But The Expendables 3 has a significantly more somber mood than past outings. It still has the wisecracks and deprecating banter, but those are a lot more sparse this time around, and the film can't help but feel like it's lacking the pure fun we came for. The tired tone makes sense though, and it lends to the story on a couple different levels, especially considering how all the characters are reconsidering their dangerous lifestyle--thinking about packing it in and retiring. But the cost of this is a saggy and uninspired film. There's just too much reflecting, stalling, preparing, and exposition-driven conversations that slow the pace. The script really could've benefited from some more self-aware humor.

This third piece of the trilogy doesn't leave you with that dumb smile and amped sensation like the predecessors did, unfortunately rendering this one as, ahem... the most *expendable* one of the bunch.


Thursday, August 14, 2014

[Review] Calvary

Father James (Brendan Gleeson) sits in a confessional box, and a voice from the other side informs him, "I was raped by a priest when I was 7 years old... This went on for 5 years." The voice continues, "The man's dead... What good would it do anyway if he were still alive? There'd be no news... There's no point in killing a bad priest... But killing a good one? That'd be a shock... People wouldn't know what to make of that... I'm going to kill you, Father... I'm going to kill you because you've done nothing wrong... I'm going to kill you because you're innocent... But not right now though... I'll give you enough time to make your peace with God."

This intense and troubling dialogue sets the tone and premise of the film within the first few minutes. Calvary is John Michael McDonagh's follow-up to to the black comedy, The Guard, and it's on a drastically different wavelength. Calvary is a starkly complex drama and a finely wrought character study with hints of humor that barely lighten the weight.

Following the confession, Father James strolls around the ever-so cloudy small Irish town in order to converse with various eccentric members of his congregation, investigate the voice he heard, and seek advice (as well as protection). Yes, the majority of the film is just a lot of talking, but they're worthwhile discussions. The script is filled with a plethora of loaded lines and philosophical exchanges, mostly in the form of questions.

But the fact that the film is mostly talking--makes it a bit tedious, from a cinematic sense. However, Gleeson's acting is truly something to behold (he makes it look so easy), and supporter Chris O'Dowd gives the best and most serious performance of his career. I really hope to see O'Dowd do more stuff like this in the future.

As the grey sea waves crash, Calvary's extremely powerful ending astounds--when it does finally arrive.


Wednesday, August 13, 2014

[Review] Teenage Mutant Ninja Turtles

In the heart of New York City, the evil villain Shredder and his criminal empire known as the Foot Clan are terrorizing the streets. April O'Neil (Megan Fox), is a journalist determined to get to the bottom of it. One night, she happens upon some Foot Clan activity and witnesses an obscured vigilante fighting back against them. These vigilantes are, you guessed it--the Teenage Mutant Ninja Turtles. Of course, no one in the press believes April's account, but she's not giving up on this story. When she meets Raphael, Leonardo, Donatello, and Michaelangelo in the flesh, she bands together with them in order to defeat Shredder and save the city.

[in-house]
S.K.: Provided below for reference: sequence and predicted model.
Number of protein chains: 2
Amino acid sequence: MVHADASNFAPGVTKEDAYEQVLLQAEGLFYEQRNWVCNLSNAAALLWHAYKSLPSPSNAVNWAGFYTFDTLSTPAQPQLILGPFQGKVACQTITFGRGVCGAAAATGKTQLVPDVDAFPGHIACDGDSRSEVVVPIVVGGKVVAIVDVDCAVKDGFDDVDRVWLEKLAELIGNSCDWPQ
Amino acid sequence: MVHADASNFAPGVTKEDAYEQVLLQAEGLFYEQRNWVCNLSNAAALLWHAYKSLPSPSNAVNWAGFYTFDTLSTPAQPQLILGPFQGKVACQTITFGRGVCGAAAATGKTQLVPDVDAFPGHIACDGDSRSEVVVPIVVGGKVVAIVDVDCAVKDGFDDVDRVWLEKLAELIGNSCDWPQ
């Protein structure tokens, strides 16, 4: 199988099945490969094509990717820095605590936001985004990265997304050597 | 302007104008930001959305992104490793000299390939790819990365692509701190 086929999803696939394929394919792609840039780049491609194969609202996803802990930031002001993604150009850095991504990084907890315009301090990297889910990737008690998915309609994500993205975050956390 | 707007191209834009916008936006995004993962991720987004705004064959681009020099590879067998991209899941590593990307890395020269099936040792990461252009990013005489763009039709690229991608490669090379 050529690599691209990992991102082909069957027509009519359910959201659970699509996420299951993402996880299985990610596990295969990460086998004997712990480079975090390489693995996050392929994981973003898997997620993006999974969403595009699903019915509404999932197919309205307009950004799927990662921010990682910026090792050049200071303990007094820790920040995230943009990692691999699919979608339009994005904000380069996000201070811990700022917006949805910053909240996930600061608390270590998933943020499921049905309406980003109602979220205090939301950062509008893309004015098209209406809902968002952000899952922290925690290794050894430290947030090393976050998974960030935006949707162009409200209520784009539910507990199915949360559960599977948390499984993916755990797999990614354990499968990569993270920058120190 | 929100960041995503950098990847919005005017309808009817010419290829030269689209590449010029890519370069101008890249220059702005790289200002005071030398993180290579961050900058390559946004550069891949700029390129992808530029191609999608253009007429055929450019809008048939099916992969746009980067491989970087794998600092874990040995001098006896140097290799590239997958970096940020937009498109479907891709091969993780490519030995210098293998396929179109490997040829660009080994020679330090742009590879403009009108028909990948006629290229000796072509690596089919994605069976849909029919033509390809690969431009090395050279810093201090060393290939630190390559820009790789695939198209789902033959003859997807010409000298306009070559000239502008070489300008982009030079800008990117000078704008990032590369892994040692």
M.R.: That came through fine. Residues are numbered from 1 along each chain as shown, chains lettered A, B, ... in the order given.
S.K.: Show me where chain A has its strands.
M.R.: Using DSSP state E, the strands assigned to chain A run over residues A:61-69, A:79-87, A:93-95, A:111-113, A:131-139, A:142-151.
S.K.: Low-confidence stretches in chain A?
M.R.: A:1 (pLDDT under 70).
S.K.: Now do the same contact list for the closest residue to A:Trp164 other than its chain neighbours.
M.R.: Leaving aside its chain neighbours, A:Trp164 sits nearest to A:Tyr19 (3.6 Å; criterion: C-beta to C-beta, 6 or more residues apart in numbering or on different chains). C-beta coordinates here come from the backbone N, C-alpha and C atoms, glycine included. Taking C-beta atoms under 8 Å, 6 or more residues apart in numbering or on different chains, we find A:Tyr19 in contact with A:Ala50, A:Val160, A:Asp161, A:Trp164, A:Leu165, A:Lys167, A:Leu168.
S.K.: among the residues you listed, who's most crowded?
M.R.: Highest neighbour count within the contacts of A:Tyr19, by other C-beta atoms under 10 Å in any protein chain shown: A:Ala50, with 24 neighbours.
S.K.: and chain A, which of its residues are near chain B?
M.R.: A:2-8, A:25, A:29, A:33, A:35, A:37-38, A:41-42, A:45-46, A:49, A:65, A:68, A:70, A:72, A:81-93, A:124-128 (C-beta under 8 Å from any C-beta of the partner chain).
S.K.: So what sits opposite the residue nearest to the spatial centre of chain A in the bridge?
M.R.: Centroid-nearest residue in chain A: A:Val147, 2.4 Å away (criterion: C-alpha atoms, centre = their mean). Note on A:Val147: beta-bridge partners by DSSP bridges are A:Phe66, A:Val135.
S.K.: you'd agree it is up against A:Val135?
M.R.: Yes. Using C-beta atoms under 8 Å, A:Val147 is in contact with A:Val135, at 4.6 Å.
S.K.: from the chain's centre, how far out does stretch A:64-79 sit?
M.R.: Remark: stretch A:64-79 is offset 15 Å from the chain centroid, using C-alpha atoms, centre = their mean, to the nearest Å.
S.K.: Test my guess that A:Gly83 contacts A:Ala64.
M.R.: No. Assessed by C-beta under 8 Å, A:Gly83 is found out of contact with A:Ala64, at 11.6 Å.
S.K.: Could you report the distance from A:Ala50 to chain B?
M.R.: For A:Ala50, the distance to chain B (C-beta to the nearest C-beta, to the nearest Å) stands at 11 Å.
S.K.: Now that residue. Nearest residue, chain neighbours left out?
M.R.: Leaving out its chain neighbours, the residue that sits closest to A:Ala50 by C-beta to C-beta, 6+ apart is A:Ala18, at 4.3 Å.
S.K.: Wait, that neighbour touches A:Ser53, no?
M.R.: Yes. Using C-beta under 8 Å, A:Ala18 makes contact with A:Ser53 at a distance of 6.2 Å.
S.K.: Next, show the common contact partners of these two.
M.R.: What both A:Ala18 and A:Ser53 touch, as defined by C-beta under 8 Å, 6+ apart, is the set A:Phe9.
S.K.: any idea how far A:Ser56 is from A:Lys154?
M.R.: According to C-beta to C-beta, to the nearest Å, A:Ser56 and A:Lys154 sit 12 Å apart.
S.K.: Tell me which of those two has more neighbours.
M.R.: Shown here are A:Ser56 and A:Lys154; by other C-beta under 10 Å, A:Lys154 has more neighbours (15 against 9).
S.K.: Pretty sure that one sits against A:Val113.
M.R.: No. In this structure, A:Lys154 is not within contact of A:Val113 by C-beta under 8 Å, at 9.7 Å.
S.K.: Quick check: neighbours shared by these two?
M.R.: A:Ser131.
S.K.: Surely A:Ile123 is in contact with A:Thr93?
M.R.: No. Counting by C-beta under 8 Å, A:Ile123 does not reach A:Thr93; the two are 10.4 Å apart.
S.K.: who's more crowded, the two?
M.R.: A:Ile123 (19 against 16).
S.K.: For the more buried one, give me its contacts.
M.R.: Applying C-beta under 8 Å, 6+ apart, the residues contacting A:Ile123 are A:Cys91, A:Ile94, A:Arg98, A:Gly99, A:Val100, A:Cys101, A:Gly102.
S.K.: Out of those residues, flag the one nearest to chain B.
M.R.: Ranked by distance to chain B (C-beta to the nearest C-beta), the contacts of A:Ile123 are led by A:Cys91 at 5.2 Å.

The Turtles have a creepy and darker warrior-like aesthetic to them. They're the 1990 incarnations on steroids. And if you've ever seen the 90's TV show "Dinosaurs", you'll know what I mean when I say their eye gaze and facial structures are reminiscent of those creatures, but a lot angrier. Technically, the humanized mouth movements, CGI fluidity, and scaly watermelon-color skin texture at least elevate them above video game quality. But like I mentioned, it's still kinda creepy and uncanny to see. Shredder's shiny metal, mountain-esque stature looks pretty badass here until you realize it more-so seems as though one of Michael Bay's Transformers stumbled into the wrong movie.

One major gripe is the immediately awful dialogue and foul attempts at humor that don't even deserve pity laughs. I understand that in a film where overgrown talking anthropomorphic martial arts wielding and pizza-devouring reptiles exist, there's bound to be some cheesiness. But in this case, it isn't the good type--it's stinky, moldy, and probably overpriced type.

An early focus on the origin story is the most interesting part of the duration, and there is a tightly designed hand-to-hand combat scene around the midpoint, but that's all wiped away quickly as the film delves into a run-of-the-mill blur of messy action that just feels too pointless--like a dull blade.


Monday, August 11, 2014

[Review] Get On Up

The problem with a lot of music biopics is that it's inherently difficult to recreate a real human's musical endeavors on screen without it coming off as maudlin, inauthentic, and forced. And with that idealized portrayal comes more of a fragmented series of episodic events, rather than a solid story arc. And if there is an arc, it's usually an overly familiar one, no matter who the artist is. It leaves you with the feeling that you'd rather just watch a documentary or a Behind The Music on the subject. Get On Up, a James Brown ode, falls into the same line. But the bright side is that Chadwick Boseman's electric performance as the Godfather of Soul keeps this thing moving.

In a similar fashion to 2013's Saving Mr. Banks, the narrative in Get On Up flashes back and forth between James Brown's rough, abandon-heavy childhood and his days in the spotlight. Viola Davis plays Brown's mother, disappearing from his early life, but re-emerging during his stardom. For better and for worse, the childhood events inform James Brown the human, as well as James Brown the musical icon. The film details the front stage and back stage, from Brown's innovative soul stylings and spirited live shows--to his darker bouts with the law and domestic abuse.